Natural products obtained from the microbes have been reported as substitutes to contemporary drugs obtained from plants. With the increasing need for new therapies, new natural products are being explored using the traditional methods. As only a small fraction of microbes can be cultured in the laboratory, many microbes continue to remain unexplored for their ability to synthesize secondary metabolites. In the past few decades, the reduced cost of DNA sequencing and developments in computational tools have made the Metagenomic Approach effective and popular. Uncultured microbes can be studied through bioprospecting of the unexplored geographical niches. Moreover, Bioinformatics tools have enabled us to find the gene clusters that, in metagenomics, imply the real potential of finding novel open reading frames (ORFs). Screening of genomes for secondary metabolite-genes like nonribosomal peptide synthases (NRPS) and polyketide synthases (PKS), has resulted in the discovery of new or previously known metabolites. Technological advancement and innovations in the culture-independent approach have allowed us to explore novel chemistries from environmental samples to identify the molecules of therapeutic value. This chapter will discuss the methods for identifying secondary metabolite genes from the genome, and the new approaches for functional metagenomic screening toward the discovery of antimicrobials. Moreover, insights into this approach will be provided to generate opportunities to explore natural products for combating the global demand for novel antibiotics.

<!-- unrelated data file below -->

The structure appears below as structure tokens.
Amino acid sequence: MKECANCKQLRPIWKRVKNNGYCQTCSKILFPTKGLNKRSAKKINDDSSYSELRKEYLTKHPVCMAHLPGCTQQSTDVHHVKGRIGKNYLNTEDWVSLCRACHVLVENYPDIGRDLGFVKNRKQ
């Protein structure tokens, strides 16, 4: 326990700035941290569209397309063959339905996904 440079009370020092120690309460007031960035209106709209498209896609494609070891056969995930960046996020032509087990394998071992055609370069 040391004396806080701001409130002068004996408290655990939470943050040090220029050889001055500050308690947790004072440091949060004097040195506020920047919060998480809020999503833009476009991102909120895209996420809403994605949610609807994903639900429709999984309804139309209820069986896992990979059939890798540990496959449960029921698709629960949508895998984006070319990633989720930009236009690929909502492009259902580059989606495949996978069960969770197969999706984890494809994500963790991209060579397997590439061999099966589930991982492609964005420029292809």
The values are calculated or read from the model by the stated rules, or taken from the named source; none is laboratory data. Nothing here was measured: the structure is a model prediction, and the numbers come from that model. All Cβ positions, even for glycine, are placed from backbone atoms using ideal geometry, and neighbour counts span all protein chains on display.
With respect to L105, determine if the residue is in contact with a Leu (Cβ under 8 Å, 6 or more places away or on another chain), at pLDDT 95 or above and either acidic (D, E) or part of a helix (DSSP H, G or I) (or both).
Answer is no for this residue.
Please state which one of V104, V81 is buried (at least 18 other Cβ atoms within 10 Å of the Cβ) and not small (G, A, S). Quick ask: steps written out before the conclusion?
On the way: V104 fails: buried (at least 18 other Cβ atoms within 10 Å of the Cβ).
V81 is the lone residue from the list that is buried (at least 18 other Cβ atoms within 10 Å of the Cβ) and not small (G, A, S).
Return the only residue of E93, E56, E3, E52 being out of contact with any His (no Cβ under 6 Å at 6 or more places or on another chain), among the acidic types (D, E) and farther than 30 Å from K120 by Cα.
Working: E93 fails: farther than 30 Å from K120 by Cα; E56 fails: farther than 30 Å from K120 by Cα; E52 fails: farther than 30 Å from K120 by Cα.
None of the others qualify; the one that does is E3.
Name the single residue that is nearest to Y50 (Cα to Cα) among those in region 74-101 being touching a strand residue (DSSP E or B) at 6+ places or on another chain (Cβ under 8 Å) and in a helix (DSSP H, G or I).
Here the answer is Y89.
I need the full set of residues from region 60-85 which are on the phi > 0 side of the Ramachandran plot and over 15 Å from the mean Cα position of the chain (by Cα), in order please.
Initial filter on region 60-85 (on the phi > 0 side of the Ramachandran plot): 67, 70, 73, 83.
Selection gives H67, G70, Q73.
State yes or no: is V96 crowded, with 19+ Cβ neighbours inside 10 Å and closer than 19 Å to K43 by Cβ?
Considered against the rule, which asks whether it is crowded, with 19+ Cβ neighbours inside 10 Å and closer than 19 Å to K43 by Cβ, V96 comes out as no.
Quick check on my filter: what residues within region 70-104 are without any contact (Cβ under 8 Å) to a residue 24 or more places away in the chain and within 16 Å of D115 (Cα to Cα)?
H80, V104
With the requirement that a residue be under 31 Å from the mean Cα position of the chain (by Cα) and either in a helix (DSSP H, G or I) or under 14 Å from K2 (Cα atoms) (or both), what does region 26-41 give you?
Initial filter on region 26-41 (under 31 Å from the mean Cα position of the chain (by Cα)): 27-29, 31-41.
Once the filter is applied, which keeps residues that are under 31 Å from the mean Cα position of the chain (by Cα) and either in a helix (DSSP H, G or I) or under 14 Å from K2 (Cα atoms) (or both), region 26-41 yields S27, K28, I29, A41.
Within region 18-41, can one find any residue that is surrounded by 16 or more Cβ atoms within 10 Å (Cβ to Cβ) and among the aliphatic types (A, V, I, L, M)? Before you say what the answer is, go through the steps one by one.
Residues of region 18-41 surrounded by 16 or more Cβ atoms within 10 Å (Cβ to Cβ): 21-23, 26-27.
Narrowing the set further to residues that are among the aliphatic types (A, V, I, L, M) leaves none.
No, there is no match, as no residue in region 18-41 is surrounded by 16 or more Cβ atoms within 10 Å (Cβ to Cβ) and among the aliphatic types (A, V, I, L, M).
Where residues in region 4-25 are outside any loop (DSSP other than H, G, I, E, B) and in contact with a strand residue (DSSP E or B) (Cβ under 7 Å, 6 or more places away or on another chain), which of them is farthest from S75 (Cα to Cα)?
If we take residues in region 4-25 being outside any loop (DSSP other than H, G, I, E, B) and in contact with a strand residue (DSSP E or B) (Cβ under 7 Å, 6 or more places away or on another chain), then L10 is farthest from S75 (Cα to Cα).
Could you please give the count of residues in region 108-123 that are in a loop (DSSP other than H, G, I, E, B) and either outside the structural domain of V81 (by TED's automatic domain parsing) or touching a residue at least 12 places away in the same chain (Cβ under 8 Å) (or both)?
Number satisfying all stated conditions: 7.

Keywords: Antimicrobial, Bioinformatics, Bioprospecting, Metagenomics, Mining, Multi-Drug Resistance, Non-Ribosomal Peptide Synthases, Polyketide Synthases, Secondary Metabolite-Regulated Expression, Substrate-Induced Gene Expression.